Cyanide salts are commonly used in the jewellery industry but are not commonly available by the general population in retail markets. Gold-stripping process involves the use of potassium cyanide, hydrogen peroxide (35%) and water. The gold is stripped and made brighter in appearance (1% gold is lost during the stripping process). Almost every company in the gold-manufacturing community, especially in small- and medium-sized operations, uses this process.
Geller and Alsop1
reported three lethal cases of acute cyanide poisoning by ingestion of a metal polish cleaner solution containing cyanide salts. The patients belonged to a community who had liberal access to cyanide salts. Hydroxocobalamin was not available.
Reports describing suicide attempts through ingestion of cyanide usually do not report the range of supposed ingested dose. Nevertheless, it has been reported that the ingestion of 50–100 mg of cyanide salt is followed by almost instantaneous collapse and cessation of respiration.2
Initial clinical manifestations of acute cyanide poisoning are non-specific. A blood-lactate concentration of greater than or equal to 8 mmol/l is a relatively sensitive marker of cyanide poisoning, defined as a blood-cyanide concentration greater than or equal to 39 μmol/l.3
The presence of lactic acidosis and arteriolisation of venous blood gases may serve as an early clue to the diagnosis of cyanide poisoning.4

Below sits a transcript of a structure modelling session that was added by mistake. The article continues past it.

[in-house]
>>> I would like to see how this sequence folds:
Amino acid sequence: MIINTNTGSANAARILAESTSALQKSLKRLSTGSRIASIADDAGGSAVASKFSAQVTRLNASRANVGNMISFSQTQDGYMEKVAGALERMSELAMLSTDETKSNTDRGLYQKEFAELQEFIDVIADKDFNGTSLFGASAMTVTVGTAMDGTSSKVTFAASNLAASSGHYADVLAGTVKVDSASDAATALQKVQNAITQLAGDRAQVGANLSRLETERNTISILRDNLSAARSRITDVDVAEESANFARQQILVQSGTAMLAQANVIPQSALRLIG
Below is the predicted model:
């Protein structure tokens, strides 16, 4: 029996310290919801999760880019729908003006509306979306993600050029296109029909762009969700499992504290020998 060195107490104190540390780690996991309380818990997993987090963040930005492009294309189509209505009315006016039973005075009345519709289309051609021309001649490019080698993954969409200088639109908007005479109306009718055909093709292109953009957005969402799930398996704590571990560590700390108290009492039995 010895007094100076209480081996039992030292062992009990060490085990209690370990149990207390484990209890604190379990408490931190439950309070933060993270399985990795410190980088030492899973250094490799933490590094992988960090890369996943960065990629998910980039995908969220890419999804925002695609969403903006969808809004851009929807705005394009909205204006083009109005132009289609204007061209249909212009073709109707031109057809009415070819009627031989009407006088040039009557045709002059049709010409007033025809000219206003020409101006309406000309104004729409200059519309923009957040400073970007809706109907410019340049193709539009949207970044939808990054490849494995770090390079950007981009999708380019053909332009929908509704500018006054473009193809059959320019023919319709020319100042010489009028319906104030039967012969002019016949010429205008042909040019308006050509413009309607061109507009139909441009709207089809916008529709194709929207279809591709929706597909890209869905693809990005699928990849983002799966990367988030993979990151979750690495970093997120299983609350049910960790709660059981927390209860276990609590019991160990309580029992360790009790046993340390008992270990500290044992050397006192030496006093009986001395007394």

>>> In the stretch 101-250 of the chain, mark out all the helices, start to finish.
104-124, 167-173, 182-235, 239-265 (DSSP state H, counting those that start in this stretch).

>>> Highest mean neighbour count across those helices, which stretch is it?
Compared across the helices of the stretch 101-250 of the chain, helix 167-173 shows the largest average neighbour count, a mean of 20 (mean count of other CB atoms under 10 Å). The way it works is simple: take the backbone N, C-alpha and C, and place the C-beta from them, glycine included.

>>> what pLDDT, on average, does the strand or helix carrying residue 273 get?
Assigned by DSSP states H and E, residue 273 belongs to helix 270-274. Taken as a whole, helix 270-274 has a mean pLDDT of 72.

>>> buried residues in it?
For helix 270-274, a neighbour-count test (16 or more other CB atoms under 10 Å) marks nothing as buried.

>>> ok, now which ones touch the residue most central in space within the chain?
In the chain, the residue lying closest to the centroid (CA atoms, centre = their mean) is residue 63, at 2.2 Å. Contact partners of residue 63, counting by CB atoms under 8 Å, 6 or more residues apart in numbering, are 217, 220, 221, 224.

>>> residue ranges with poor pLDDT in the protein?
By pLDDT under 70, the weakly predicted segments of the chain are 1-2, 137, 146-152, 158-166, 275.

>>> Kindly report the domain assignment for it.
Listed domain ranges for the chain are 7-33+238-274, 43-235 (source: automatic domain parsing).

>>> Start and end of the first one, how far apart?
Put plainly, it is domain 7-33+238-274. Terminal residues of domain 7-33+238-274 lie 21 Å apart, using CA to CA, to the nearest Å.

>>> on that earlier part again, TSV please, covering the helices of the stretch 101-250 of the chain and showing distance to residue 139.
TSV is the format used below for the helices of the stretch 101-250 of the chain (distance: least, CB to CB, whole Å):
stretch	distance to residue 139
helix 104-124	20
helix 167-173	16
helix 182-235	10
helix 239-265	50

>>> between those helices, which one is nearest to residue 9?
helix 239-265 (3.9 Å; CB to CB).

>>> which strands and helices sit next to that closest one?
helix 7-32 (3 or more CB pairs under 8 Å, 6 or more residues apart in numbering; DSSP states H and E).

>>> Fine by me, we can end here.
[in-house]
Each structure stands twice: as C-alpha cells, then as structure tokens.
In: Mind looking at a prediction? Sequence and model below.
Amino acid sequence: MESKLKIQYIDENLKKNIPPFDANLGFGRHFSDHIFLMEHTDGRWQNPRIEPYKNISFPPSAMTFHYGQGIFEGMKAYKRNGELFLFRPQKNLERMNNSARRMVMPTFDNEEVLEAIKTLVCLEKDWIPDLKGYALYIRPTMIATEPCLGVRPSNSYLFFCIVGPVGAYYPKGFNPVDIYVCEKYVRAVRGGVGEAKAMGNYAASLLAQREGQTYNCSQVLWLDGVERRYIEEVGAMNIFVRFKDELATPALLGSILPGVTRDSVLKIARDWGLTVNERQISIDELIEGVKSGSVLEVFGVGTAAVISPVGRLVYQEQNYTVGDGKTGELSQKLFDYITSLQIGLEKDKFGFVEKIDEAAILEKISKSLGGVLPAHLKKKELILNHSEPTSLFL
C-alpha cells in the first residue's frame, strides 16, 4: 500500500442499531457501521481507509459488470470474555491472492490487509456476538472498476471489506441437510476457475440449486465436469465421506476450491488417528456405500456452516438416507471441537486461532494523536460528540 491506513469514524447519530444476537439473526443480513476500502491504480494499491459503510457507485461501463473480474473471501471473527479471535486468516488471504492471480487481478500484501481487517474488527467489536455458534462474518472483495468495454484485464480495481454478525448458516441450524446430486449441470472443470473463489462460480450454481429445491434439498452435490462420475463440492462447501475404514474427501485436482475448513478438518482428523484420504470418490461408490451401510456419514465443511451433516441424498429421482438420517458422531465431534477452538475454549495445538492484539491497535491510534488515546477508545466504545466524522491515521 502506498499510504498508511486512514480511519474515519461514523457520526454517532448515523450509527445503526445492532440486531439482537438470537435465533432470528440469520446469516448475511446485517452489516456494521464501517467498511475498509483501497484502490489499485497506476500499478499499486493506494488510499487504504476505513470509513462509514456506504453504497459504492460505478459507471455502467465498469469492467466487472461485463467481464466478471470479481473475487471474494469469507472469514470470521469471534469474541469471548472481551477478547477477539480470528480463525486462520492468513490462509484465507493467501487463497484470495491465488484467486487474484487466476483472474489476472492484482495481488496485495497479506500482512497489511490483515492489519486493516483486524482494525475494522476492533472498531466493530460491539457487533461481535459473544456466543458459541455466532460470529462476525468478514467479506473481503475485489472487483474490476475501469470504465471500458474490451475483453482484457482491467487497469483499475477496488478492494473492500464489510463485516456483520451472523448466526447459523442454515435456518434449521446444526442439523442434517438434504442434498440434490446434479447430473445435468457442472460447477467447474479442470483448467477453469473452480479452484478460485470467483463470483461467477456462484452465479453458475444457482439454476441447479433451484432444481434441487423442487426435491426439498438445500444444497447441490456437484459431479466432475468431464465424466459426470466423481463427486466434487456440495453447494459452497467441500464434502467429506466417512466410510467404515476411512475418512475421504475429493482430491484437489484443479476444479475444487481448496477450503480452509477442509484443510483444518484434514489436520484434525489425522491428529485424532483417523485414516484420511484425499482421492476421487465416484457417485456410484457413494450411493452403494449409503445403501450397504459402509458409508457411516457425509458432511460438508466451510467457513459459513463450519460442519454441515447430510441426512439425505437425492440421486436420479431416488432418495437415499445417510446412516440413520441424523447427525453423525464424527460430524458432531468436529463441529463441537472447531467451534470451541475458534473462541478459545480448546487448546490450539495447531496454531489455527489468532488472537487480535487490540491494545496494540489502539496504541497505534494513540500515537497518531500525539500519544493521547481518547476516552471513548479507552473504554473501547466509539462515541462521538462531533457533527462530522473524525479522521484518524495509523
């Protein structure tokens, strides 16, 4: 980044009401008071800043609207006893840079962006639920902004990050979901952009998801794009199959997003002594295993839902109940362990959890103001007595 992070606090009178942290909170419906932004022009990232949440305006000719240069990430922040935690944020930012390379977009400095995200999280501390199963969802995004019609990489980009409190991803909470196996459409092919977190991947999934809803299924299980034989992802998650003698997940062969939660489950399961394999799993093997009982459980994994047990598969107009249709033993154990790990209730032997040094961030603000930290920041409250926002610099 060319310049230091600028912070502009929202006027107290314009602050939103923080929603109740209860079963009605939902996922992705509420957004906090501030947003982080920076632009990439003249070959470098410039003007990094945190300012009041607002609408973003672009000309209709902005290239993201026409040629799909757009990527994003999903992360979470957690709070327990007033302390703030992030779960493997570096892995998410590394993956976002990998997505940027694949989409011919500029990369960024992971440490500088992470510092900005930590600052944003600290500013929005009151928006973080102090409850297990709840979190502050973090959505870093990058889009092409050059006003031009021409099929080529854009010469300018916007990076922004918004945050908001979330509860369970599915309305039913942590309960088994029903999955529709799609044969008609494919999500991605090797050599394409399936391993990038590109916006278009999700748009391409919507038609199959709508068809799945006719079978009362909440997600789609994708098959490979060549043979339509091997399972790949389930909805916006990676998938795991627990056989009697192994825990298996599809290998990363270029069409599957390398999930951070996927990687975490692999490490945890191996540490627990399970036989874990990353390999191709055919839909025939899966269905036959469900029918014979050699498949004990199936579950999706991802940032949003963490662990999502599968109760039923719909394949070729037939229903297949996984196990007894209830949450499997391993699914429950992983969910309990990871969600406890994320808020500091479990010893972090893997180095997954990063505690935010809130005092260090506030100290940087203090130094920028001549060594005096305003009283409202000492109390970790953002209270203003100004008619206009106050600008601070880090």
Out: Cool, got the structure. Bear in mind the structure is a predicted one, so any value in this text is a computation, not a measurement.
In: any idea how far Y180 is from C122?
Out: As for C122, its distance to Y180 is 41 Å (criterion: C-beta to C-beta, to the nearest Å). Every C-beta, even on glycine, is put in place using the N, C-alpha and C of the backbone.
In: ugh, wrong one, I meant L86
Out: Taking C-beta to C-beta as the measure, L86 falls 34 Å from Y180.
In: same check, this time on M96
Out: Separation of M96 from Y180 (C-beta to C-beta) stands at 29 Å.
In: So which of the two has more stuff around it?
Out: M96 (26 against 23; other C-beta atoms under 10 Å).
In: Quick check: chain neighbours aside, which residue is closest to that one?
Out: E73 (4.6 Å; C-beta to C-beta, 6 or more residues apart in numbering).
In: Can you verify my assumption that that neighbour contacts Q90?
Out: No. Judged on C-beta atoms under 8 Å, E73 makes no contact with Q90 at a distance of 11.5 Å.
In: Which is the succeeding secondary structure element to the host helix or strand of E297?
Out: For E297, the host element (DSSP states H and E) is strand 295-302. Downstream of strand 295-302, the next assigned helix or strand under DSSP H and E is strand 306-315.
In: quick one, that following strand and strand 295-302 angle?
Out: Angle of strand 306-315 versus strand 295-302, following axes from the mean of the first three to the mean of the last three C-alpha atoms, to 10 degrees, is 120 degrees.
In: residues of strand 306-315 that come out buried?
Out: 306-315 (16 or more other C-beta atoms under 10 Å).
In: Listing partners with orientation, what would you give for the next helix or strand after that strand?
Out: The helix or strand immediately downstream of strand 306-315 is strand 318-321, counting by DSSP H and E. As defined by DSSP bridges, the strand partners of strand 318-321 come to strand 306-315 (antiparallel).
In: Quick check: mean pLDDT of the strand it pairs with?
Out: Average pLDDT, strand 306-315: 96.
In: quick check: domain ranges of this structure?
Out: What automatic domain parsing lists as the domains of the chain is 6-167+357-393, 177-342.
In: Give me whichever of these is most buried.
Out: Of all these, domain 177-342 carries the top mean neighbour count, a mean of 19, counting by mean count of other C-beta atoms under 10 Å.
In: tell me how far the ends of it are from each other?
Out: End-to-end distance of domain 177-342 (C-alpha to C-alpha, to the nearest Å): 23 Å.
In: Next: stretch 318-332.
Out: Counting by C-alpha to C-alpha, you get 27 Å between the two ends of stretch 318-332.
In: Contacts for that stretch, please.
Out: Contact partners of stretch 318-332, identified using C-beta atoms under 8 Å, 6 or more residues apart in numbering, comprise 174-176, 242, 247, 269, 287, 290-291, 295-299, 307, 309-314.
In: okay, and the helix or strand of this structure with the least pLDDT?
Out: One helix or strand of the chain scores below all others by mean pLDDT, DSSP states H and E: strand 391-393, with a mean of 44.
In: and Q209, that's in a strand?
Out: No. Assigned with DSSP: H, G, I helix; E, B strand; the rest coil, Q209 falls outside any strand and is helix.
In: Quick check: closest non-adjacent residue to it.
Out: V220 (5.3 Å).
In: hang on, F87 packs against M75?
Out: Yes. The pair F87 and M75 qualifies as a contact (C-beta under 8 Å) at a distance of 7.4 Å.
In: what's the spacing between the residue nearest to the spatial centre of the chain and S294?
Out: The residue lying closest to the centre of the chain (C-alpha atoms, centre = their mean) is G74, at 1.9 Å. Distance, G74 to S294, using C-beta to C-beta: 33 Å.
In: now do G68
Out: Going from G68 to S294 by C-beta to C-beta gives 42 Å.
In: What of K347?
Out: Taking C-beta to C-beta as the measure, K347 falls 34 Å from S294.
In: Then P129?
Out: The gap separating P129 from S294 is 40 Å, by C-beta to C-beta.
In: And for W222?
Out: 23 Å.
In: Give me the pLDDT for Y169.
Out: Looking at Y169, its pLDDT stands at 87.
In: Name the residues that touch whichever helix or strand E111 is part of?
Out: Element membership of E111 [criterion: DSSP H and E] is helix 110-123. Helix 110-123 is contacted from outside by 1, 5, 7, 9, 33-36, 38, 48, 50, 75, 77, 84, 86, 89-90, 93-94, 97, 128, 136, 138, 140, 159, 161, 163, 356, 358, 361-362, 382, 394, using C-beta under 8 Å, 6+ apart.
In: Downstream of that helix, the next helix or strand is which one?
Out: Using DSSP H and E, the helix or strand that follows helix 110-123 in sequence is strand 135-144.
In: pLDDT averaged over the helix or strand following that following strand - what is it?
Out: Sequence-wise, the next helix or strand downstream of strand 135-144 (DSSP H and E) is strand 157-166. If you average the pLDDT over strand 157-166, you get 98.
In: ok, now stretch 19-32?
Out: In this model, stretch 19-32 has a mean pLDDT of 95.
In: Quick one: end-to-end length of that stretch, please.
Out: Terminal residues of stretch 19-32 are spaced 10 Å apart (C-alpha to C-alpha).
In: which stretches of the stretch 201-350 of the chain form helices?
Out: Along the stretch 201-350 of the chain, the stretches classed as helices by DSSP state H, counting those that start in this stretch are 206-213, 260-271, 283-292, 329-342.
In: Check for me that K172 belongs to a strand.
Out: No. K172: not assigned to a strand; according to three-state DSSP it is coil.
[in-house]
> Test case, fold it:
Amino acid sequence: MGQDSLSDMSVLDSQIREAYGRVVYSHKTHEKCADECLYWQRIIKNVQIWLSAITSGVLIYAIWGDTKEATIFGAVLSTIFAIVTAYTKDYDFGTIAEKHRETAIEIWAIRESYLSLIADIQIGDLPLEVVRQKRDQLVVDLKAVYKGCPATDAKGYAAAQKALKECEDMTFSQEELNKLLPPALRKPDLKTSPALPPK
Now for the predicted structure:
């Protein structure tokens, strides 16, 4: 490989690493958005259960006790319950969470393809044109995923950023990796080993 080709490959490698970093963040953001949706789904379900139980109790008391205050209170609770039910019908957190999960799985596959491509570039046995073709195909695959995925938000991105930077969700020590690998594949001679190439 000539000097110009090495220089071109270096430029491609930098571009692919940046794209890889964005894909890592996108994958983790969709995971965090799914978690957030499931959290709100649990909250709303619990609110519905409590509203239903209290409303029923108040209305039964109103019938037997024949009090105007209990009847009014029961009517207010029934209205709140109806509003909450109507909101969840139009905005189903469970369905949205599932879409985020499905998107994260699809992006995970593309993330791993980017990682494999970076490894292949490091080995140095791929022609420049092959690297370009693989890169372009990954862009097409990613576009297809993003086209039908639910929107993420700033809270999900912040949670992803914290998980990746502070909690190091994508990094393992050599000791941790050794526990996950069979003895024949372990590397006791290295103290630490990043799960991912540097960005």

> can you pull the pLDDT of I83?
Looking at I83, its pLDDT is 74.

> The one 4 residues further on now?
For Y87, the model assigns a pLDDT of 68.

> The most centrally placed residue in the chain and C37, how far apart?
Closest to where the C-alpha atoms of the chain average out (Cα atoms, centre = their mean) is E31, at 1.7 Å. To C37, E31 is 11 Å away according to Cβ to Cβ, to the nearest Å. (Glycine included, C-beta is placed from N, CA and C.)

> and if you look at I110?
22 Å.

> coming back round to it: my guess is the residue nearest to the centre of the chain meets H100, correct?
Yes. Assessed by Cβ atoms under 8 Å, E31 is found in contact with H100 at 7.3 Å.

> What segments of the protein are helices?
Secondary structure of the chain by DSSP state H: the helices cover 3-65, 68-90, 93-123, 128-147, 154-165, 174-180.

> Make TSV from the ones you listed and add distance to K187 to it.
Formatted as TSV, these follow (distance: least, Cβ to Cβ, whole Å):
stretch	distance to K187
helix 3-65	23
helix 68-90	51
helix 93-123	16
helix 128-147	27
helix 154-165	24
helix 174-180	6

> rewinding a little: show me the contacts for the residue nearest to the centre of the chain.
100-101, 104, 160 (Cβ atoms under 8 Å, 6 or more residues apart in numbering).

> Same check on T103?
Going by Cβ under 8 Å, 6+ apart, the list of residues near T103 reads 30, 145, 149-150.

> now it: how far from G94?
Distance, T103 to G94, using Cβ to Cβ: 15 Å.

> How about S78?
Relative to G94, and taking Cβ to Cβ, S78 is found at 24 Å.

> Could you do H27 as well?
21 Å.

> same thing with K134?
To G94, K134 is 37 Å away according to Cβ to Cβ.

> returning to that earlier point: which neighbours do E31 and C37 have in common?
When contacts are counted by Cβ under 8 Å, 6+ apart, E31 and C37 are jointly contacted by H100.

In fact, there is a general consensus that emergent care of the patient should be based on the clinical presentation rather than on blood-cyanide concentrations.3
On arrival to the emergency department, our patient presented with deep metabolic acidosis with high anion gap, a blood lactate concentration more than double the level observed in severe intoxications and a venous blood oxygen saturation of 100%. Therefore, though information regarding blood-cyanide levels was not available, the suspicion of severe acute cyanide poisoning was high. Afterwards, it was confirmed by the patient himself.
Hydroxocobalamin is a haeme-like molecule with a complexed cobalt atom. Each hydroxocobalamin molecule binds 1 cyanide ion to form non-toxic cyanobobalamin. It is well tolerated, with no known major toxicities in doses up to 10 g administered to healthy volunteers.5
Borron et al6
reported a survival rate of 71% in a group of 14 patients diagnosed for acute cyanide poisoning and treated with hydroxocobalamin. In this study, 4 of the 12 patients who ingested a cyanide salt were in cardiac or respiratory arrest and received hydroxocobalamin 0.5–4 h after ingestion. Unfortunately, three of them died.
We report on a case of severe acute cyanide poisoning by ingestion successfully treated with hydroxocobalamin, regardless of the delay of approximately 4.5 h between ingestion and administration. Although we believe supportive care only could have been enough to save our patient, hydroxocobalamin treatment clearly hastened his clinical improvement ().
The limitations of this case report are both the absence of blood cyanide concentrations determination and the measurement of the quantity of cyanocobalamin eliminated in urine.
- Acute cyanide poisoning requires a high index of suspicion for diagnosis in a patient with unexplained severe lactic acidosis. Physicians should be aware that cyanide is generally available to members of the jewellery industry community, a fact which should be considered while treating those suspected of attempting suicide by consuming cyanide.
- Hydroxocobalamin is a safe and highly effective therapy for acute cyanide poisoning by ingestion. Moreover, this case report supports the existence of a window of time for antidote administration.